Possibly the worst thing about air travel is not check-in or the crowded departure hall. Not even any food you may get on board. It’s when you realise your bag isn’t arriving at the carousel and you then have to report it to the airline.
Good chance there won’t be anywhere to report it. If there is, there will possibly be yet another queue to join.
And the staff – let’s just say the missing bag desk is regarded as the least desirable job.
Malaysia Airlines is making a stab at improving that ‘experience’ by introducing a tool that allows passengers to report any delayed or missing baggage.
They call it Baggage Self-Service Reporting and as you do it yourself on your own device, it can be done any time of day.
The new feature allows passengers to easily make a report, track and monitor the recovery process via their personal devices (mobile, table, laptop, etc.) in a safe and contactless environment.
The Baggage Self-service Reporting feature is available for passengers across all Malaysia Airlines’ domestic and international networks.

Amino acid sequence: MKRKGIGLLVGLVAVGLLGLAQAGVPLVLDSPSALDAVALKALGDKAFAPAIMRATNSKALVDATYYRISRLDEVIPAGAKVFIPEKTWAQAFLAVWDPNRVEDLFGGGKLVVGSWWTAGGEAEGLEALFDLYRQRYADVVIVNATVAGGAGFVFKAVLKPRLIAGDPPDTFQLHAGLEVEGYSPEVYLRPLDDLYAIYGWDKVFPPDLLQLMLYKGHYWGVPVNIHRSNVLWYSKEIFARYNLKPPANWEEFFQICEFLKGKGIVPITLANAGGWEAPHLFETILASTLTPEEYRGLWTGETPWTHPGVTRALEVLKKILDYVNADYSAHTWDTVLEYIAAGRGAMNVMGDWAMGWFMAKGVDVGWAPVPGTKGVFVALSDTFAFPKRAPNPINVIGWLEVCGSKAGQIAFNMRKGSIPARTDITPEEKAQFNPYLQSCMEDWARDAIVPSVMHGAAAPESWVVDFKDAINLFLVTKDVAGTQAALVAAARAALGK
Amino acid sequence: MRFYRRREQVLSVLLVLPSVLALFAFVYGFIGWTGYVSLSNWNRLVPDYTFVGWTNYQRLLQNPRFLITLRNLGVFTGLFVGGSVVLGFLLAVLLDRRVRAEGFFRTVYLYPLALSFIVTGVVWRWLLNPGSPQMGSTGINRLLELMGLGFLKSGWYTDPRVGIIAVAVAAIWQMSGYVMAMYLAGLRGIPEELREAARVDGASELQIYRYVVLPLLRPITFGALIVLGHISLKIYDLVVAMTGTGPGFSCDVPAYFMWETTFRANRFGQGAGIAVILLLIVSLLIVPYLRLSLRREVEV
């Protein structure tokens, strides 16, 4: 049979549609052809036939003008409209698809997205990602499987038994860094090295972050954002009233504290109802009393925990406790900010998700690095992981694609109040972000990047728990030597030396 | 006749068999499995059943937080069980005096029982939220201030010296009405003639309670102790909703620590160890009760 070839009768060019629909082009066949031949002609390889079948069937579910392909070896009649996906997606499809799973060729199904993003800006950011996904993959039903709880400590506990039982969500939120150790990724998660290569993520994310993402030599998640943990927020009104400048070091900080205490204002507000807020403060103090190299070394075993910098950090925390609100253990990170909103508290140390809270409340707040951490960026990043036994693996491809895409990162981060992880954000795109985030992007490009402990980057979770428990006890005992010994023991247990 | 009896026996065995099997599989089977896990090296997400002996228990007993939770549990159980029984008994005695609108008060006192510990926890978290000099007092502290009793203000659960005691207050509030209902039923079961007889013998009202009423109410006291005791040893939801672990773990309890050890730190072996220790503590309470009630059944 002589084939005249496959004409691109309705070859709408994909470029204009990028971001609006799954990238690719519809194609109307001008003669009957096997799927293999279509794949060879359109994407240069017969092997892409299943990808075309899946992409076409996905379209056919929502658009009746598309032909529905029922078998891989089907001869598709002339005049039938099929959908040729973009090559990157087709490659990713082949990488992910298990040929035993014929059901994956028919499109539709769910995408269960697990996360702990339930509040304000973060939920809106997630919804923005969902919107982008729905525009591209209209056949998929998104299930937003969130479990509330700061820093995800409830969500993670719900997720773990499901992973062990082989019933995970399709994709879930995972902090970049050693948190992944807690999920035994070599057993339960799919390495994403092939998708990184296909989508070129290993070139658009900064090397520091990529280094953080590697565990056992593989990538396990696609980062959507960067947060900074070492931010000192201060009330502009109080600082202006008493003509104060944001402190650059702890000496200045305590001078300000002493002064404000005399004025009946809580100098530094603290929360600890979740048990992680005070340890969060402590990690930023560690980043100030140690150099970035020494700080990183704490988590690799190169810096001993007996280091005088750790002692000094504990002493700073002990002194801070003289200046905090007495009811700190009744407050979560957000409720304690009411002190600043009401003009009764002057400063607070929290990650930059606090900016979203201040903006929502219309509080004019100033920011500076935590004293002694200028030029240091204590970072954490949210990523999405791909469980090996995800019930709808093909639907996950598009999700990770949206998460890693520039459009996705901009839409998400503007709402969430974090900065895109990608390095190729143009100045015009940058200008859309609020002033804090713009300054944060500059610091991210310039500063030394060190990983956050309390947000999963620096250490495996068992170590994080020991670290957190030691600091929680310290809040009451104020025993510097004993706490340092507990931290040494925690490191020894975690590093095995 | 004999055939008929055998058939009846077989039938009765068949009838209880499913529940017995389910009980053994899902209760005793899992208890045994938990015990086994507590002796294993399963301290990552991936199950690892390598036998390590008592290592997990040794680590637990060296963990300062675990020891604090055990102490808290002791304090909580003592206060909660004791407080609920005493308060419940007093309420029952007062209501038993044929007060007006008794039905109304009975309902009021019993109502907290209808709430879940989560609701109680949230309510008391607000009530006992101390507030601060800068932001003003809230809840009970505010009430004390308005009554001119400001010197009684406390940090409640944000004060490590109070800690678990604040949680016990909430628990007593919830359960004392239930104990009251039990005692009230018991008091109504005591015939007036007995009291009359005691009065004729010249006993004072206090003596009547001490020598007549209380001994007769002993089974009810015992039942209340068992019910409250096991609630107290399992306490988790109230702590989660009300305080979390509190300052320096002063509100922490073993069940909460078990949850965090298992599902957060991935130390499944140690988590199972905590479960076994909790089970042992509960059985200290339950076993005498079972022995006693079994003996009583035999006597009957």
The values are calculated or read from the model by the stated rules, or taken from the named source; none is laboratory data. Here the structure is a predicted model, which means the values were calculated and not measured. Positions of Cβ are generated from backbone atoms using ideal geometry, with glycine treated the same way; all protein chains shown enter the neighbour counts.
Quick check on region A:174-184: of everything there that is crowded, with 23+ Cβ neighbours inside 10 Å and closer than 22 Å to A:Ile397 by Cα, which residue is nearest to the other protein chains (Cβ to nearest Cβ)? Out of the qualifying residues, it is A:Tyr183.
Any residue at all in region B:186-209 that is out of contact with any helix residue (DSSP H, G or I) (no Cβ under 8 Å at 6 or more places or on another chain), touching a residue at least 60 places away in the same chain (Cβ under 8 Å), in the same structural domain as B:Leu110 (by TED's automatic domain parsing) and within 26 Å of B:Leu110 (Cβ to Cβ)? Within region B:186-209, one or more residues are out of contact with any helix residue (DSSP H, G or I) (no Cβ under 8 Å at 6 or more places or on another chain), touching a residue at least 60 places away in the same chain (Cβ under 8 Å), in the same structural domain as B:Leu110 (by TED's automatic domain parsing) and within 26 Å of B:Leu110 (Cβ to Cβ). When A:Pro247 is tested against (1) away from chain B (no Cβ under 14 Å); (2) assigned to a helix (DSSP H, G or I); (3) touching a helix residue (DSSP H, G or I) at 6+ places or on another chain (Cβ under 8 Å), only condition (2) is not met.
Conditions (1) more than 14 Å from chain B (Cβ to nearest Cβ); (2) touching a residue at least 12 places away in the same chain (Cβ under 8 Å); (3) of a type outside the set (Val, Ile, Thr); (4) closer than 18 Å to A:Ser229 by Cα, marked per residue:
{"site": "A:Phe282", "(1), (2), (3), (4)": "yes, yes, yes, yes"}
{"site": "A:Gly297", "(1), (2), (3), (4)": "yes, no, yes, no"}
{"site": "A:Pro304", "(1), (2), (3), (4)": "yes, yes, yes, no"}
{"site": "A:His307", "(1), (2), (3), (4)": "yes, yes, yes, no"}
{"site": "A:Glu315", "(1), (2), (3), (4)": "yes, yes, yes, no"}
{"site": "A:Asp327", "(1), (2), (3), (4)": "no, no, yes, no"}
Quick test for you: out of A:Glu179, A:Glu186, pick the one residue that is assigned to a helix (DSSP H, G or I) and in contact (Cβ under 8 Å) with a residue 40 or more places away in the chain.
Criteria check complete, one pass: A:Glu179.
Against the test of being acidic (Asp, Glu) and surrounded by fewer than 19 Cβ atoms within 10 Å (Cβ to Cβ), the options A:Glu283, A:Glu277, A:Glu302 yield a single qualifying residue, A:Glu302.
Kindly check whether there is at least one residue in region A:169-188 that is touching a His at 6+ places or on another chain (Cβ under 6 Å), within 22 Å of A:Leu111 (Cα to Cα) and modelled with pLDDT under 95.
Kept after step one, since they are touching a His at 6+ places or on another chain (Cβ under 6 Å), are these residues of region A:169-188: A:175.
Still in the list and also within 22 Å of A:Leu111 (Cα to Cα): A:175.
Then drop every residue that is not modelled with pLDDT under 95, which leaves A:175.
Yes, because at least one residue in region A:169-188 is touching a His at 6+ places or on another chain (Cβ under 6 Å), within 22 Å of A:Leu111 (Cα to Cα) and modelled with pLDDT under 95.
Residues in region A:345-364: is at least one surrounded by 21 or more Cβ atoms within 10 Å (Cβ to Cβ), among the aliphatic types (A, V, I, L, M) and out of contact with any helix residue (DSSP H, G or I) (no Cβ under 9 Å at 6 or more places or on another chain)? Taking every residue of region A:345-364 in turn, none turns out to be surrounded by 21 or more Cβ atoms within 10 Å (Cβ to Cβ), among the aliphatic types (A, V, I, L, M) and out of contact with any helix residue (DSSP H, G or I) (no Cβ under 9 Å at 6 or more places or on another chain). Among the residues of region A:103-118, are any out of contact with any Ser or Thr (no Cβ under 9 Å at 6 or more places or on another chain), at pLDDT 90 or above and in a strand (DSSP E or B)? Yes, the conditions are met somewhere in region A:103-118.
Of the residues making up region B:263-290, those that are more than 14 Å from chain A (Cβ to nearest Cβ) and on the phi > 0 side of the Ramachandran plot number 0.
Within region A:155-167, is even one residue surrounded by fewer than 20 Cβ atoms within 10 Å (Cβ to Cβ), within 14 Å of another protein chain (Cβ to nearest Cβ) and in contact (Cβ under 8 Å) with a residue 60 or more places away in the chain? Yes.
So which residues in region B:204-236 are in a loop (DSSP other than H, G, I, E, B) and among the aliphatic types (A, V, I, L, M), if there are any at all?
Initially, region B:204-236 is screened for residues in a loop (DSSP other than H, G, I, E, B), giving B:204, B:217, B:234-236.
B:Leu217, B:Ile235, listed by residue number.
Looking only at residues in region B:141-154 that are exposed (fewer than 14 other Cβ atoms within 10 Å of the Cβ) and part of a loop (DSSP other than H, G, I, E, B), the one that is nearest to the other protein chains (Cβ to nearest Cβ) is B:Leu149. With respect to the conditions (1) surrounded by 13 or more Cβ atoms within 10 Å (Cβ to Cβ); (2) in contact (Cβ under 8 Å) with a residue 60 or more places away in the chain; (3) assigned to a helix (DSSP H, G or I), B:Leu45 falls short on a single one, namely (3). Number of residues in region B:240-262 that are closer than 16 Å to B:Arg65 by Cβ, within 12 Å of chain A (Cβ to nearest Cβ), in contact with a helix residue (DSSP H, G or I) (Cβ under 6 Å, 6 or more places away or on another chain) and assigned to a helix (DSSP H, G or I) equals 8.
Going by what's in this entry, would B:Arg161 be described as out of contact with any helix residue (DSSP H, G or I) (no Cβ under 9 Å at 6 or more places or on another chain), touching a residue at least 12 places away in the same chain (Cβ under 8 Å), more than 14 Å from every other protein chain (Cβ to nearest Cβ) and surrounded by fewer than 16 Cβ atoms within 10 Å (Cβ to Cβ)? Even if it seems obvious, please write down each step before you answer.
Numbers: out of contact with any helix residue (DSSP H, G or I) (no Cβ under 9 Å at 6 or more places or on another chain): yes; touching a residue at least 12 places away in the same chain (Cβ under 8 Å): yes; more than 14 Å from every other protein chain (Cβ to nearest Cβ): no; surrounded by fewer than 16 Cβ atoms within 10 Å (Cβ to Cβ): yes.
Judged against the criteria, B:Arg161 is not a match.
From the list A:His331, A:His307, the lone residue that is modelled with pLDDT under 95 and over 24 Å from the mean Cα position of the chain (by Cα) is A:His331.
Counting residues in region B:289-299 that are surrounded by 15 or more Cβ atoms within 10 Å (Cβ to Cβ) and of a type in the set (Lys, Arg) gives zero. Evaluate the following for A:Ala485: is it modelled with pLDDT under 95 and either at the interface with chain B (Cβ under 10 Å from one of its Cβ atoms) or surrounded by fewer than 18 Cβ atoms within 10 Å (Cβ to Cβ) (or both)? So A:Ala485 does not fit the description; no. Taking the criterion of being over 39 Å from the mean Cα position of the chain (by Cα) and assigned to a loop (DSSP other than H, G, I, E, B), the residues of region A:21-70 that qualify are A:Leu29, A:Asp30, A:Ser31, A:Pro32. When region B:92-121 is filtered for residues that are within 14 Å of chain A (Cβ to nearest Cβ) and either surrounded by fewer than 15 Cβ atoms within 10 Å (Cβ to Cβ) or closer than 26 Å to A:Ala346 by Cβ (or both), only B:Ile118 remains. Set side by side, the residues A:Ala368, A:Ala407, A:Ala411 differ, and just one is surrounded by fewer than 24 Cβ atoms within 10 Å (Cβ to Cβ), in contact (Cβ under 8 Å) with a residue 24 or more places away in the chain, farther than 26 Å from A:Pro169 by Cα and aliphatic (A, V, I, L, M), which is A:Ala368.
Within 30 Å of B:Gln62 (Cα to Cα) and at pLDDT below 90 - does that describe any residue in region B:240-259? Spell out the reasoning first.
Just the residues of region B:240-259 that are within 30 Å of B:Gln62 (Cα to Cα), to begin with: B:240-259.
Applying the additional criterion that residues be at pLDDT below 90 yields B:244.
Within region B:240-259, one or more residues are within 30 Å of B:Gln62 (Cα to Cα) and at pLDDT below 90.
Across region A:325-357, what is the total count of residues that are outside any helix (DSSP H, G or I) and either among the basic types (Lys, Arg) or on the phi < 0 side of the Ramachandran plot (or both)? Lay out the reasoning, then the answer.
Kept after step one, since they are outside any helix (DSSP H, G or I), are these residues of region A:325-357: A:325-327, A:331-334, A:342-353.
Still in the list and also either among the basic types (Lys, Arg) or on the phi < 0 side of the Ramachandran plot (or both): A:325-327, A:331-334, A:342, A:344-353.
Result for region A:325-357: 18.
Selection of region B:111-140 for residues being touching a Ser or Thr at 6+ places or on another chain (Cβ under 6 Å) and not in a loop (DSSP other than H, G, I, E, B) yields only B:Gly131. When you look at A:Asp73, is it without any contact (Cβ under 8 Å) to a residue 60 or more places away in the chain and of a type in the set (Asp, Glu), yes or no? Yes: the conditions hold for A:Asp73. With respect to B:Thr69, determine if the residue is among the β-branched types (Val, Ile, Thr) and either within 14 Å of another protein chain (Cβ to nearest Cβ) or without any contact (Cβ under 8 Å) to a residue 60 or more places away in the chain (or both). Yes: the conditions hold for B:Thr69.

The airline says “Passengers can also communicate with airline representatives to get the latest information on their reports”.
Malaysia Airlines’ Group Chief Marketing and Customer Experience Officer, Lau Yin May:
“As travel demands continue to soar, travellers want simplified processes, and Malaysia Airlines is always ready to lend a helping hand and go the extra mile with our signature Malaysian Hospitality.
“We want to take the hassle off their travels by digitalising the traveller journey; from biometric facial recognition during check-in, shopping for goodies via Journify and having them delivered to the boarding gate for departing and arriving passengers at KLIA, and now reporting and tracking any baggage issues they face, online.
“This is also timely as it gives peace of mind and reassurance to our passengers that their needs are taken care of, especially when travelling during this peak period as many airports globally are facing operational challenges in managing the influx of revenge travellers.”
When talking about “the influx of revenge travellers” what does she mean? Masses of disgruntled passengers looking for their bags? Taking revenge on any staff they can find?
The airline is making efforts to ensure efficiency across its operations. It recently reaffirmed its commitment to continuous improvements in managing customer queries; reducing the average waiting time to below 20 minutes to address the queries received via its contact centre.
By most airline standards these days 20 minutes is really good. But shouldn’t really be 2 minutes not 20?
N.B. Image credit: Malaysia Airlines